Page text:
Lessons from the Story of Jonah

The book of Jonah in the Old Testament tells a story of a prophet named Jonah who was asked by God to carry a message of repentance to the city of Nineveh.  Jonah, for some unknown reason, did not want to go.  He probably reasoned in his mind that if he left that geographical area God would have no chance of getting him to go on the mission.  With that in mind, he travelled to the port city of Joppa and took a ship bound for Tarshish.

During the voyage, a storm arose.  The ship was tossed around.  The frightened sailors tried to keep the ship afloat by jettisoning their cargo and supplies.  Finding Jonah asleep while all the drama was unfolding, the ship’s captain probably had his suspicions concerning him.  The sailors cast lots to determine who the cause of their troubles was.  The lots pointed to Jonah as the culprit.  He readily admitted his disobedience to God and advised the sailors to eject him from the ship.  Once Jonah was thrown out of the ship, the sea became calm again.  A large fish was waiting near the ship to transport Jonah to Nineveh.

In Nineveh, God again told Jonah to warn the city. Jonah begrudgingly decided to do what God had asked him.  The people of Nineveh took the message seriously and repented.  God spared the city.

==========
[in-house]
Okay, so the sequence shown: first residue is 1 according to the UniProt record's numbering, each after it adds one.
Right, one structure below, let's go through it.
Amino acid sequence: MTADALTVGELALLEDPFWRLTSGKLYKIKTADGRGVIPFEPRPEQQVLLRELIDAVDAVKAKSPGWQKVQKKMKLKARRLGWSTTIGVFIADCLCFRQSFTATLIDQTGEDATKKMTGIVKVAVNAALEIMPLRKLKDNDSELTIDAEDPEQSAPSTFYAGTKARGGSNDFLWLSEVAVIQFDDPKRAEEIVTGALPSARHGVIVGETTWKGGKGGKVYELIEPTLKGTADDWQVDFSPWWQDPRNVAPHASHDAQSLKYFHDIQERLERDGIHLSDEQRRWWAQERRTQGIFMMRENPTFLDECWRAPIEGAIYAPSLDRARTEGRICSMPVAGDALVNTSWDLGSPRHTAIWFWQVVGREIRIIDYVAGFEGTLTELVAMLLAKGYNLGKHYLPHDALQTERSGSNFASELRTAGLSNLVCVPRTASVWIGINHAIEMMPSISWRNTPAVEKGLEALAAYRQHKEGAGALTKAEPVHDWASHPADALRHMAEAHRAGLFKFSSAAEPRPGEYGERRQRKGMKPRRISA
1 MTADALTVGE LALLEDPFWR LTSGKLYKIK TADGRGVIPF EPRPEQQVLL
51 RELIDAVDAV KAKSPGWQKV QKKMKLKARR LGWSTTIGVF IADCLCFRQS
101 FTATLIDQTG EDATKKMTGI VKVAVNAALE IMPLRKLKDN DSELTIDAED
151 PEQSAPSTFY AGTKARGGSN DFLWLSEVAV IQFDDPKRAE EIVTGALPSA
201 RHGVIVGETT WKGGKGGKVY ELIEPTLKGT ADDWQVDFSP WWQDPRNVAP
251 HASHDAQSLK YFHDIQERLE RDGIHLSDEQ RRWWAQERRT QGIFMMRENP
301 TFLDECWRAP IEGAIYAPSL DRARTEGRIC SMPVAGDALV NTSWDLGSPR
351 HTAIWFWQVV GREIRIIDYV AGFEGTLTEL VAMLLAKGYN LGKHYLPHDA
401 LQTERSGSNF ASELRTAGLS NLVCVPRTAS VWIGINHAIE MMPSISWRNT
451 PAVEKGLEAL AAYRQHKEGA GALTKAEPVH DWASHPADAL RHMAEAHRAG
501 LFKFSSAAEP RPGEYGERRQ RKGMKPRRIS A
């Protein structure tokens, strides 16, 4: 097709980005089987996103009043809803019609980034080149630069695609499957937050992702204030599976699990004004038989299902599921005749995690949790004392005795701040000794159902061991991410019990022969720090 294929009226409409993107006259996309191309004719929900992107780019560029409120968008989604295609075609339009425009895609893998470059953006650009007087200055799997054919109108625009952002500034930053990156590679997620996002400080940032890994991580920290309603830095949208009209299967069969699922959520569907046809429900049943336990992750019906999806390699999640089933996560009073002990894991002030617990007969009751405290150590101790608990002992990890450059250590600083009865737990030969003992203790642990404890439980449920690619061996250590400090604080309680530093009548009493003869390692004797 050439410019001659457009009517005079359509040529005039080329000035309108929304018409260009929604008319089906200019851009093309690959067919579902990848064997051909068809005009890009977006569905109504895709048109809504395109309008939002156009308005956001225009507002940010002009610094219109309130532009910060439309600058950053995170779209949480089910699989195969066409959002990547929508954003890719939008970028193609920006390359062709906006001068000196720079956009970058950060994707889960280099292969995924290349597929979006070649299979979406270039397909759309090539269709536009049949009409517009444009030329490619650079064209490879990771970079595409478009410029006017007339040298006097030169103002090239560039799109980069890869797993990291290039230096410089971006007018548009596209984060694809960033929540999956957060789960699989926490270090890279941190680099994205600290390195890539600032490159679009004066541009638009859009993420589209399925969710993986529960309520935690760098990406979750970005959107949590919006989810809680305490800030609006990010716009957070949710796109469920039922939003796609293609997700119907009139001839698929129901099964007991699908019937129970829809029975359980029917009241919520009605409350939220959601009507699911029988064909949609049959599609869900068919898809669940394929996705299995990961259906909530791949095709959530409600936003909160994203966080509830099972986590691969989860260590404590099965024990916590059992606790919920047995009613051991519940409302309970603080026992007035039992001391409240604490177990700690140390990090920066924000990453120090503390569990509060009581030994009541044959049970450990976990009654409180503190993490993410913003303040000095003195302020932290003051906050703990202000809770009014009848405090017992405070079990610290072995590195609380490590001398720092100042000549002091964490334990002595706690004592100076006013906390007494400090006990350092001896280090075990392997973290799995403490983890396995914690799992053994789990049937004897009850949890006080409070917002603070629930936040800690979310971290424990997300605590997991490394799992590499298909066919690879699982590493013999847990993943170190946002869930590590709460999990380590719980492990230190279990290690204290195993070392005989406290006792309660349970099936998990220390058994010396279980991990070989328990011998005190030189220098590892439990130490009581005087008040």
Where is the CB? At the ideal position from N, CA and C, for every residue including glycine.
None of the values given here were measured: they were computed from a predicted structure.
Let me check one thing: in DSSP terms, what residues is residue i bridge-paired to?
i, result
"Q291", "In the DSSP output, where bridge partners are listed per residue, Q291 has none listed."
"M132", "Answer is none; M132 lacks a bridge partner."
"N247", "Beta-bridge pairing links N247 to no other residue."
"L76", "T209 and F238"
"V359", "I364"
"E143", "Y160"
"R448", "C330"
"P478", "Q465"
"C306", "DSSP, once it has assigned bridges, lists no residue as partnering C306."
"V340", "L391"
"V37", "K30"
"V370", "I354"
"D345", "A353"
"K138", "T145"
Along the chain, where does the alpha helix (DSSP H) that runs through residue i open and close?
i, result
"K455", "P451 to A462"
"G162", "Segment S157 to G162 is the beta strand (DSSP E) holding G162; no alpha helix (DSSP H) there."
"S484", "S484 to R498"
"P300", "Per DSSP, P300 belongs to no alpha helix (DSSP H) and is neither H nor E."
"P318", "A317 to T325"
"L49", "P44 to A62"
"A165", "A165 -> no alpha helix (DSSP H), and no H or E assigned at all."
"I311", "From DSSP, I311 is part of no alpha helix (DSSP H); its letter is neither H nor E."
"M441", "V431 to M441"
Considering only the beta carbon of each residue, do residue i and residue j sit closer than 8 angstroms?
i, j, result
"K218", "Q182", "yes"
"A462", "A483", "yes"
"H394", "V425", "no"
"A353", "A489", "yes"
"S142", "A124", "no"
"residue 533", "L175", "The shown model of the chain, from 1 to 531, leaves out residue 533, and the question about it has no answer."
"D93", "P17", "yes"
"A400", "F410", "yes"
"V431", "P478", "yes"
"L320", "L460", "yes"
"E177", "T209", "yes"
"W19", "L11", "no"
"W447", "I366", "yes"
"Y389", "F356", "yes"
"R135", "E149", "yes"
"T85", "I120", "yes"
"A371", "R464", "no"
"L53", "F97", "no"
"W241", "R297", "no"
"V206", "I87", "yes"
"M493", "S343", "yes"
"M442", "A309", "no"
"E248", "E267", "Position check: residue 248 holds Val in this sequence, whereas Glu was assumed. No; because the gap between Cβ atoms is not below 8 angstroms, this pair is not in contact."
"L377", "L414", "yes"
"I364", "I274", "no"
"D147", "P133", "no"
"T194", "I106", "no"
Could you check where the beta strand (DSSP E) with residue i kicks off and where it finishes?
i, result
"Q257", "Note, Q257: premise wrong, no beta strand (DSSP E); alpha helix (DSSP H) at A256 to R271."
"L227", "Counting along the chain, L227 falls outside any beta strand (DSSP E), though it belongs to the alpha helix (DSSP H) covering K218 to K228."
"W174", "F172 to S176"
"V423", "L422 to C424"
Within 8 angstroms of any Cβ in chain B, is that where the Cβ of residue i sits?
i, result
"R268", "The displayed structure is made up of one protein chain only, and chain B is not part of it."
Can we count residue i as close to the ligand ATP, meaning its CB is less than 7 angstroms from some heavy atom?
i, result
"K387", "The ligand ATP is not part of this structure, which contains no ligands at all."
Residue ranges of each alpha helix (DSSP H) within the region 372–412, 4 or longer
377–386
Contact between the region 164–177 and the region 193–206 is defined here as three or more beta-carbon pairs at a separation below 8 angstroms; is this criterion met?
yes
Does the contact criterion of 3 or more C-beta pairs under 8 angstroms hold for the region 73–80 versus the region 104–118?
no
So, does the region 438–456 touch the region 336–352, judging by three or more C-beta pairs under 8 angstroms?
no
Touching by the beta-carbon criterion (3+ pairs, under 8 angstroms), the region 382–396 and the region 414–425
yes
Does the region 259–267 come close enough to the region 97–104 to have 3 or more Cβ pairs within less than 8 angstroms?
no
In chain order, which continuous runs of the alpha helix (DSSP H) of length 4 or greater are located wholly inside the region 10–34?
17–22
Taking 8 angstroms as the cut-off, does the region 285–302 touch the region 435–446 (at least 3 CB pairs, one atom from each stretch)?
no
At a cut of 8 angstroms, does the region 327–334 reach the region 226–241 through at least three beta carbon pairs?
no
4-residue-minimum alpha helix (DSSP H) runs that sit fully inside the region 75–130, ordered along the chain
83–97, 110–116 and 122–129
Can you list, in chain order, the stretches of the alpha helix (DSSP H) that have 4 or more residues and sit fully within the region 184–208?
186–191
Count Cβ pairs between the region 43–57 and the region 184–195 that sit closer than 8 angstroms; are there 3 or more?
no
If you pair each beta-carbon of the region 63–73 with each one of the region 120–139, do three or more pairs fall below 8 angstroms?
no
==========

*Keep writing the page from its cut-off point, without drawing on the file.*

Jonah was upset because God spared Nineveh.  He went outside of the city and found a shady spot and waited to see what God would become of the city.  God allowed a plant to spring up to offer Jonah more shade than what he previously had.  Jonah was very happy with the plant and the shade it offered him.  During the night a worm disabled the plant and it withered.  When the sun came up the next day, Jonah became despondent and wished he was dead.  Then God spoke to Jonah about his anger because the plant was no longer there to give him shade.  God exposed and rebuked the resentful, uncaring attitude of this prophet.  Jonah had pity on the plant but he could not find a modicum of compassion for the thousands of people in Nineveh.  How sad!

Here are seven lessons that can be gleaned from this story.

  1. We cannot run from God’s call

Jonah tried his best to run from fulfilling the task that God had given him.  God, who is sovereign, manipulate circumstances to put Jonah exactly where he wanted him to be.  Similarly, God will allow situations in our lives to lead us to fulfil his purpose.  God’s will be done in earth as it is in heaven.

  1. We sometimes disobey God for our own selfish reasons

Jonah had the audacity to tell God in Jonah 4:2 that he knew that God would spare Nineveh if the people repented.  Jonah wanted God’s compassion for himself and for his country but not for another nation.  Do we as Christians harbour the same obnoxious attitude towards persons who are of a different race, a different culture, a different religion, a different social or economic background?  Just as God resisted that attitude in Jonah, he resists it in us.

  1. God will not punish unless he warns.